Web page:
General Manager Armin Derpmanns detailed a 2Mpixel CMOS image sensor aimed at ADAS (automotive driver assistance systems), which rely on cameras to assess potential dangers in the road ahead. The CSA02M00PB features very high dynamic range (120dB at 1080p/45fps), which is the key to getting good quality pictures in a range of different lighting situations. The chip also has an LED flicker mitigation scheme, which relies on the device’s quad-pixel structure; one of the four sub-pixels has a sixteenth of the light sensitivity of the other three, enabling images which combine multiple exposures (exposure time of around 11ms is required to properly ‘see’ LED road signs).

Derpmanns also spoke about Toshiba’s ApPLite series, including the TZ1000 and TZ2000 ASSPs for wearable devices. The company has developed a Solution Development Platform for the ApPLite range which includes hardware and software development kits, plus a development environment . Several reference module designs are also available as part of the platform, including watches, sports/activity monitors and environment sensors. Derpmanns hinted that an ultra-low power version of the ApPLite series was planned for 2016.

In the area of memory, Derpmanns presented Toshiba’s 48-layer 3D Flash memory, a world first. This new memory technology promises increased density, very high speed (800Mbps) and high bandwidth of 1185MB/s/W. Toshiba is also working on serial interface NAND, which should offer a lower bit cost than NOR, allowing large, dense memory devices at low prices.

DSP dev platform speeds smart device deployment

CEVA, the licensor of DSP IP platforms for cellular, multimedia and connectivity, announced that SoC design company Socionext has licensed and deployed the CEVA imaging and vision DSP to power its latest-generation Milbeaut image processing LSI chips targeting surveillance, digital SLR, drones, action and other camera-enabled devices.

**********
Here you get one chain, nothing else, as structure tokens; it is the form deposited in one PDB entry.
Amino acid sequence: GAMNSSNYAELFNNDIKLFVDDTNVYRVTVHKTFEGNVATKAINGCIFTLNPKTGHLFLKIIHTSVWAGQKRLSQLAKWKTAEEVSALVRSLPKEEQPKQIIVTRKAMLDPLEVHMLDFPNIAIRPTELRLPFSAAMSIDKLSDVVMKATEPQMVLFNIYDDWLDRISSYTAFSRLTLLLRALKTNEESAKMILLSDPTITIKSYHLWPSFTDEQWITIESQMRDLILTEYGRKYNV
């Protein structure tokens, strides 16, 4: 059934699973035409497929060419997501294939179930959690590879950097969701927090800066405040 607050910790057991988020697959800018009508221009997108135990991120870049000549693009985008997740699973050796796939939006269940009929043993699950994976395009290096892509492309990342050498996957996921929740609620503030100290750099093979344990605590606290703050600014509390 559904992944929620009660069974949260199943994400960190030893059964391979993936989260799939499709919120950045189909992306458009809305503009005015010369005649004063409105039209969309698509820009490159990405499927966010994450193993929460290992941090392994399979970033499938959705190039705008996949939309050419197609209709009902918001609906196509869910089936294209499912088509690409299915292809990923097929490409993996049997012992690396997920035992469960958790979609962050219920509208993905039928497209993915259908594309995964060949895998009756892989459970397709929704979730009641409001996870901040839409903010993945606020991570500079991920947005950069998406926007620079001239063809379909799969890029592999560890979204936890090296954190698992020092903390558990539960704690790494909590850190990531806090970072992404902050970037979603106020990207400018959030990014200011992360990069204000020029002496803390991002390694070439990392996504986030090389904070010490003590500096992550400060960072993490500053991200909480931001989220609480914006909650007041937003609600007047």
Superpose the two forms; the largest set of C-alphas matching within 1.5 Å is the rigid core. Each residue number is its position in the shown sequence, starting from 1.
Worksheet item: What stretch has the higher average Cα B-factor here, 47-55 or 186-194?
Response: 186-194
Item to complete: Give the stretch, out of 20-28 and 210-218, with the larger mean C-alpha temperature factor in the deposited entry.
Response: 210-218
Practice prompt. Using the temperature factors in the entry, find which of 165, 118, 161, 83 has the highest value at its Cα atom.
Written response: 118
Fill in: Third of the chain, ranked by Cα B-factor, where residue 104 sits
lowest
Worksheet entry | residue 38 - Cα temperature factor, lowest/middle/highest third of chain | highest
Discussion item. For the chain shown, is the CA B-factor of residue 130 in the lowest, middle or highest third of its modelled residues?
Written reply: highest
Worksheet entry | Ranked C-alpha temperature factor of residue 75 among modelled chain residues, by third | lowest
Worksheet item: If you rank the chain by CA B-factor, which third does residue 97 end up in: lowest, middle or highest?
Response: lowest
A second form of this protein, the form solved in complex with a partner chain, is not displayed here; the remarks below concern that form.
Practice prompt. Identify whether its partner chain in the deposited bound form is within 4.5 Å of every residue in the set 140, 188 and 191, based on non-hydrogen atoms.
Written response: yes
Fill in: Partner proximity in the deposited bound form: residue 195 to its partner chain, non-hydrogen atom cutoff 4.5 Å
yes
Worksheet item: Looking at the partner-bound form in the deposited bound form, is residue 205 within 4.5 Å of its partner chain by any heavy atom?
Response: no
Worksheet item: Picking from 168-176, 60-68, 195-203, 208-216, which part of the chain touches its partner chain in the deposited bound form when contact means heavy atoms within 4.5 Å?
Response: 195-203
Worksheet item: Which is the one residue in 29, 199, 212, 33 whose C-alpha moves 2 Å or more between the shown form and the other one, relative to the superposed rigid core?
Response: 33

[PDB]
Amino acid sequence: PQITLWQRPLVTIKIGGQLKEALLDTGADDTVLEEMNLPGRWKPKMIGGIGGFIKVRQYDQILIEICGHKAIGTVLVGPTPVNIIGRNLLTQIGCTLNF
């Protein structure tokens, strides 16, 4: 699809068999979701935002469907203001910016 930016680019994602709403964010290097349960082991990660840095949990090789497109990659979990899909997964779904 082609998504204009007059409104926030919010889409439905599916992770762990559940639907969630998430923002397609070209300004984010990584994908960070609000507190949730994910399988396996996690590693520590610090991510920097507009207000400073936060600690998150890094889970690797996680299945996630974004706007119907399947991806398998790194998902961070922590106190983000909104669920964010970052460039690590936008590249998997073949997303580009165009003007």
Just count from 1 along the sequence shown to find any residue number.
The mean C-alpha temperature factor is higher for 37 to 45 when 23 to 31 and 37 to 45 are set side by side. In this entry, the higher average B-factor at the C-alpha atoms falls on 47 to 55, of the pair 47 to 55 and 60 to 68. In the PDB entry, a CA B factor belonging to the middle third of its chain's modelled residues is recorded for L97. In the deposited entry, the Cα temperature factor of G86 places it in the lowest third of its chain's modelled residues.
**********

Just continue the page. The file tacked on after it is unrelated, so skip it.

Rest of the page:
The first Milbeaut image processor integrating the CEVA DSP is the MB86S27 which was announced in Munich and will shortly be in volume production.

CEVA says that by off loading performance-intensive tasks from the CPUs and GPUs, the DSP cuts the power consumption of the overall system.

The company also introduced a new silicon-based DSP development platform to accelerate the deployment of ‘smart and connected’ devices. The platform incorporates a processing, connectivity, sensing and application software which are key building blocks for prototyping IoT devices.

The platform is built around a power-optimised CEVA-TeakLite-4 DSP and subsystem implemented in silicon through a collaboration with SMIC who fabricated it at its IoT-centric 55nmLP process. Running at 500MHz, the DSP provides designers with a powerful means to add ‘smart and connected’ capabilities to these devices, including always-on sensing, local processing and intelligence and connectivity.

Touchscreen force sensing technology

TouchNetix, the supplier of high performance projected capacitive touchscreens announced the availability of the first product to incorporate its proprietary pressScreen force sensing technology.

This new 15in diagonal pressScreen is supplied on a compact stainless steel mounting frame with an I2C interfaced driver board.

Developed for industrial applications, TouchNetix pressScreen now enables mouse-type functionality with the use of a single finger on the touchscreen. Using newly developed capacitive measurement technology and a new sensor structure and geometry to detect very small front lens displacements, this interface allows entirely new use cases to be developed and improves touchscreen operability by overcoming the remaining limitations of capacitive touch, claims the company.

Recently introduced ‘force touch’ and ‘3D touch’ technology in mobile handsets has captured the interest of end users. Although the primary purpose of employing force sensing in consumer and industrial products are currently quite different, the expectations of all end users are continuing to evolve and will merge over time.


By Paul Whytock

Paul Whytock is Technology Correspondent for Electropages. He has reported extensively on the electronics industry in Europe, the United States and the Far East for over thirty years. Prior to entering journalism, he worked as a design engineer with Ford Motor Company at locations in England, Germany, Holland and Belgium.